Recently, the Nigerian Governors’ Forum (NGF), comprising governors of the 36 states of the federation, unanimously banned open, night and underage grazing in all parts of the country.
The NGF expressed concern about the frequent clashes between the nomadic cattle herders and farmers across many communities and called for the introduction of modern systems of animal husbandry that could reduce contacts between the warring groups.
They advised state governments to put in place, systems to accelerate the introduction of the ranching initiative as prescribed by the National Livestock Transformation Plan (NLTP) in the country. However, the NGF warned that state governments and citizens must guard against ethnic profiling of crime as every Nigerian has a right to live and conduct business in any part of the country.
It also warned against the tagging of ethnic groups based on the misbehaviour of a few criminally minded individuals, as every group has its own share of good and bad eggs.
This consensus is significant, coming after a long period of confusion during which individual state governors approached the matter from different perspectives. In the past, while some states took the initiative to enact laws prohibiting open grazing, others were either indifferent or opposed to such laws. From the benefit of hindsight, it is obvious that each state acted based on its own assessment of the level of threat the cattle herders posed to its population.
Hence while Benue and Taraba states which were at the epicentre of the herders/farmers conflict and faced existential threats were quick to outlaw open grazing, many others not facing the direct heat of the violent conflict at that time, were foot dragging because they wanted to be politically correct.
With the armed herders making inroads into the forests of the South-West, South- East and South-South coupled with the daily incidents of rape, killings and kidnappings linked to these herders, the tide has turned against the practice of open grazing.
Those who had all along defended nomadic pastoralism as a way of life and culture of the Fulani ethnic group have begun to see the other side of the coin. Those who had supported the forceful occupation of forest reserves and sacred groves by the cattle herders on the claims that every citizen had a constitutional right to settle and do business anywhere in Nigeria, are also beginning to see the limitations of that right.
The practice of open, unrestricted and uncontrolled cattle grazing has so many negative dimensions and definitely poses a lot of threats to peaceful coexistence in Nigeria. It is largely responsible for rapid desertification as well as low crop yield and food shortage in hitherto productive agrarian communities.
It is the trigger to the violent clashes between herders and farmers, which has forced many farmers to flee from their farms for fear of being killed. It is the reason many women who rely on subsistence farming for survival can no longer go to the farms for fear of being raped and killed by armed herders.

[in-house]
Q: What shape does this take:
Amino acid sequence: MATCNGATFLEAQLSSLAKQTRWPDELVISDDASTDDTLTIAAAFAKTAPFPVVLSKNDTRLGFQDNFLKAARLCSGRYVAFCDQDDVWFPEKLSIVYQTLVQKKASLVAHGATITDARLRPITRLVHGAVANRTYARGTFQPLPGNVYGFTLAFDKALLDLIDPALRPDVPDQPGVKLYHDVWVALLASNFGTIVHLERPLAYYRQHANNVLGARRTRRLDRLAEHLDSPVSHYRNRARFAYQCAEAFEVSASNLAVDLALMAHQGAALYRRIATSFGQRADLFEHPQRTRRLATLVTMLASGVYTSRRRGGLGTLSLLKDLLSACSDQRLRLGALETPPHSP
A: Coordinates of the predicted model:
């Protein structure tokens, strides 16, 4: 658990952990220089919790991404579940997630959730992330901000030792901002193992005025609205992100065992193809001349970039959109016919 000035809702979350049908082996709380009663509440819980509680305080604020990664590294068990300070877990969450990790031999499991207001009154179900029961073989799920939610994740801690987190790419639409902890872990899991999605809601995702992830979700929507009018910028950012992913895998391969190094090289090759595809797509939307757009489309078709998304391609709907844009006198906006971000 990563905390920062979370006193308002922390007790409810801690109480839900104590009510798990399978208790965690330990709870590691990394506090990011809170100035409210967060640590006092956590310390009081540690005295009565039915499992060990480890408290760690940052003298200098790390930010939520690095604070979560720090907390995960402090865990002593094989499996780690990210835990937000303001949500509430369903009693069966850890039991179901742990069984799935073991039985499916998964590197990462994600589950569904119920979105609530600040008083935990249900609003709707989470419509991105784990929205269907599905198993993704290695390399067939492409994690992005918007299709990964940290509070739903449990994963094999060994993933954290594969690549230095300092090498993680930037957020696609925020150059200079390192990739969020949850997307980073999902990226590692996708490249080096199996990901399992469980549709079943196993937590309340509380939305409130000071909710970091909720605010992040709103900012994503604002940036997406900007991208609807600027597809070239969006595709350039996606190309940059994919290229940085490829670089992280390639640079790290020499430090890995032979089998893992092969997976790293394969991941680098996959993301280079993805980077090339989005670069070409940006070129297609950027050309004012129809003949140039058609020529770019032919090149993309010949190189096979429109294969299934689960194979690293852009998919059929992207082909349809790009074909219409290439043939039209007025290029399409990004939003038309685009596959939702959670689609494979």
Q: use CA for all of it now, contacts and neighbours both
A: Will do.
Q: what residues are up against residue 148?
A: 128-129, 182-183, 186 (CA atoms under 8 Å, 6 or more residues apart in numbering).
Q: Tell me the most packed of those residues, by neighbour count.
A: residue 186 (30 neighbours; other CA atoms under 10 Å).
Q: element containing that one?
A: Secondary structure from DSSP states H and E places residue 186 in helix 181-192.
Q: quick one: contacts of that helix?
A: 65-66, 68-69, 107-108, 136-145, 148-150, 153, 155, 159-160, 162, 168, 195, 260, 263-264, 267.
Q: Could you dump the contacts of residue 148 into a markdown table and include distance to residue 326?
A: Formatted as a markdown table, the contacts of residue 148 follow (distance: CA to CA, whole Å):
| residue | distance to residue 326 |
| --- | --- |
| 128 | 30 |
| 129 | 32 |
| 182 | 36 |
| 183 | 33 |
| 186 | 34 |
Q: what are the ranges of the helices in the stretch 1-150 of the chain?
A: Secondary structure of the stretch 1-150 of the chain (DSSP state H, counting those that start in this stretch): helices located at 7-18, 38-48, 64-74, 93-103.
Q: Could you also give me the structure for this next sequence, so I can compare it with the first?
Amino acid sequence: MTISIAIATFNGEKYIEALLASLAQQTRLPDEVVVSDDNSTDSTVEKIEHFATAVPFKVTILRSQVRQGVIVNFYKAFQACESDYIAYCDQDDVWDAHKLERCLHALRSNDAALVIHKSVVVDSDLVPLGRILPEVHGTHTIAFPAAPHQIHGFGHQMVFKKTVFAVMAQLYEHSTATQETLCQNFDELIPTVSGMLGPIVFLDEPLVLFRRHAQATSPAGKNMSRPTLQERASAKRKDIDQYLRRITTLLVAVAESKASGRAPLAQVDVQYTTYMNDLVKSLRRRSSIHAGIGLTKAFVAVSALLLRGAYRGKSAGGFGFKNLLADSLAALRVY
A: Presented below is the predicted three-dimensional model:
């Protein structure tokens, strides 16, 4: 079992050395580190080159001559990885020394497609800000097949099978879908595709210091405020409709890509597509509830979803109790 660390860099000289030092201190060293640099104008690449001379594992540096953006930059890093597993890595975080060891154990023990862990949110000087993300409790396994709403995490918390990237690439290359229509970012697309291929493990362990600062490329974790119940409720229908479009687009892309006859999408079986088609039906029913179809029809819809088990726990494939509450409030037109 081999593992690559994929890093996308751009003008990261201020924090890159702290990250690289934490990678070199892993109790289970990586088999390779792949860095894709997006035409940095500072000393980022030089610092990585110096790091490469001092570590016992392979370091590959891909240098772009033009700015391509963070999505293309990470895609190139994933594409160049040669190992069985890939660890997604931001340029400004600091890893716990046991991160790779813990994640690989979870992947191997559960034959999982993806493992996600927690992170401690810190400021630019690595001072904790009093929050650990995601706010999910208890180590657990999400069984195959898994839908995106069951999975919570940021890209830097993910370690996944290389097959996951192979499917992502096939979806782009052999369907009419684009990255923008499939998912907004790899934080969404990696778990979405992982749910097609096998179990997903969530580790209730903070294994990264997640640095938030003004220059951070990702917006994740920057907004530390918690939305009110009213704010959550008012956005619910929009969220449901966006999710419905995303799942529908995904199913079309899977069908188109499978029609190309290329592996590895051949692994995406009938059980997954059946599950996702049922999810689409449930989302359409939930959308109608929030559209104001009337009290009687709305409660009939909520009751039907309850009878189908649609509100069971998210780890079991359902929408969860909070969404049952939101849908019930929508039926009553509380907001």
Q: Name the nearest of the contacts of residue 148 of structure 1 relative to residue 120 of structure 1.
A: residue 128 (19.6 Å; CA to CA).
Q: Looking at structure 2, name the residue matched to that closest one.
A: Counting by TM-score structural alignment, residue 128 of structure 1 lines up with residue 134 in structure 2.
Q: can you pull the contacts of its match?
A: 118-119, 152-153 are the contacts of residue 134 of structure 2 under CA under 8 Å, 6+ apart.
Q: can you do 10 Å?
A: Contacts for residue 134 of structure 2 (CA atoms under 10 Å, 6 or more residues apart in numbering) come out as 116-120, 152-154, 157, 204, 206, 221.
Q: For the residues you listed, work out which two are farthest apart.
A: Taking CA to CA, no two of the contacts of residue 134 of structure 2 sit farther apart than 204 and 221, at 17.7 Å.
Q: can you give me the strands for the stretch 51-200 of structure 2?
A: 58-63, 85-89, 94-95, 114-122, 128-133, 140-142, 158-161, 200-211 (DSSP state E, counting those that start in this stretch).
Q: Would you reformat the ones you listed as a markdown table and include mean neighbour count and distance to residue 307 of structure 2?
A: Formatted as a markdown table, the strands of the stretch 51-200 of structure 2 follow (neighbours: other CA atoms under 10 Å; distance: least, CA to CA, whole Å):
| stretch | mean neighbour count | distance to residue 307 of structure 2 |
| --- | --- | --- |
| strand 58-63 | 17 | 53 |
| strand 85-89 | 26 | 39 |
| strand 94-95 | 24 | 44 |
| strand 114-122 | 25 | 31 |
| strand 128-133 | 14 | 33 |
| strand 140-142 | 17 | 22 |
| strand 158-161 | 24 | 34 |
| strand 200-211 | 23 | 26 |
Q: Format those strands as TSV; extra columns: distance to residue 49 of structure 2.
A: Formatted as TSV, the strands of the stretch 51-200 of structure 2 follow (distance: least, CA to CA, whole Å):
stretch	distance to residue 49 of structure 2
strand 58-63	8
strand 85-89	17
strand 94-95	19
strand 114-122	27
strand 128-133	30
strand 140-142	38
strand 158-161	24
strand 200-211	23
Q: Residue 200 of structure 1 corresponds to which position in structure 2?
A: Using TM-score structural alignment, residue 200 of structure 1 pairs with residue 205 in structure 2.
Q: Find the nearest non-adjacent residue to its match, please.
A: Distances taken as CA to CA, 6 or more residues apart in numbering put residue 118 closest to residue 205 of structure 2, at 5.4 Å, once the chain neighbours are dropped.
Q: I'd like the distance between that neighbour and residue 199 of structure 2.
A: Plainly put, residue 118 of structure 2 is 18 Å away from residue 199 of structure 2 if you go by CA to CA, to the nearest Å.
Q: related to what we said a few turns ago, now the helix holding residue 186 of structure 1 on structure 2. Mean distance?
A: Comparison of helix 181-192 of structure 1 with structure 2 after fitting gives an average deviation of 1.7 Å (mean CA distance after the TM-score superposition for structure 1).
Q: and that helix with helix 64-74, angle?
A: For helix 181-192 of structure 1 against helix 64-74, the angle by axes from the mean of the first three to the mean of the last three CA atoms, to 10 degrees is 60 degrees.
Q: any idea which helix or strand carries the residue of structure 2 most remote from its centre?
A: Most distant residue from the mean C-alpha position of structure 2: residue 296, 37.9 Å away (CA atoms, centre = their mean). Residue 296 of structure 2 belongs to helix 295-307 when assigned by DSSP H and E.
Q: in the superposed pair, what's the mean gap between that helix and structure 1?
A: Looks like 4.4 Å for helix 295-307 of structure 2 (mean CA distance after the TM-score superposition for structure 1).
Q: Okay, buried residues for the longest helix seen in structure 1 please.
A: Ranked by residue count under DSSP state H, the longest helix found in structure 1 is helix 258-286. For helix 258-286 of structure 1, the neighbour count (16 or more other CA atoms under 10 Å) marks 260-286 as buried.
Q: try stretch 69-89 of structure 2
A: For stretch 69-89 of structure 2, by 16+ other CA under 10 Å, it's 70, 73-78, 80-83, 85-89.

According to the Global Terrorism Index, the armed herders are the fourth deadliest terrorist group in the world and their conflicts with farming communities resulted in the death of thousands of people across Nigeria.
These needless conflicts and harvest of deaths could have been avoided had our governors and other stakeholders addressed this issue long before now. We, therefore, urge the NGF to go beyond the verbal ban on open grazing and encourage every state to enact the Open Grazing Prohibition Law to compel all nomadic herdsmen to confine their animals to ranches.
There should be no more excuses for herders to roam about with their cattle on the streets and into farms and forest reserves in search of pasture and water.
Available statistics shows that there are enough land and dams in the core northern states to support the development of modern ranches where the herders can settle and rear their animals in peace.
Governor Abdullahi Ganduje of Kano State has already started the process of resettling the herders in his state and we encourage other governors in that region to follow his footsteps to bring a closure to this ugly chapter. However, we must also not lose sight of the foreign dimension to the security challenges confronting Nigeria.
As far back as 2014, the National Conference of the Nigerian People, through its Committee on National Security, identified Nigeria’s long and porous borders as a major threat to national security.
It was identified that Nigeria had over 1,400 illegal routes through which illegal aliens including cattle herders from across West and Central Africa enter the country.
These illegal aliens usually find cover under the ECOWAS Protocol on Free Movement of Persons and Goods. So while our state governments make efforts to clean up the mess created by open grazing, it behoves on the Federal Government to seek a review of the ECOWAS Protocol and wake up to its responsibility of protecting our vast borders from nomadic cattle herders from neighbouring countries.
If we don’t plug all the loopholes, the ban and other efforts by our governors, would be as good as pouring water into a basket.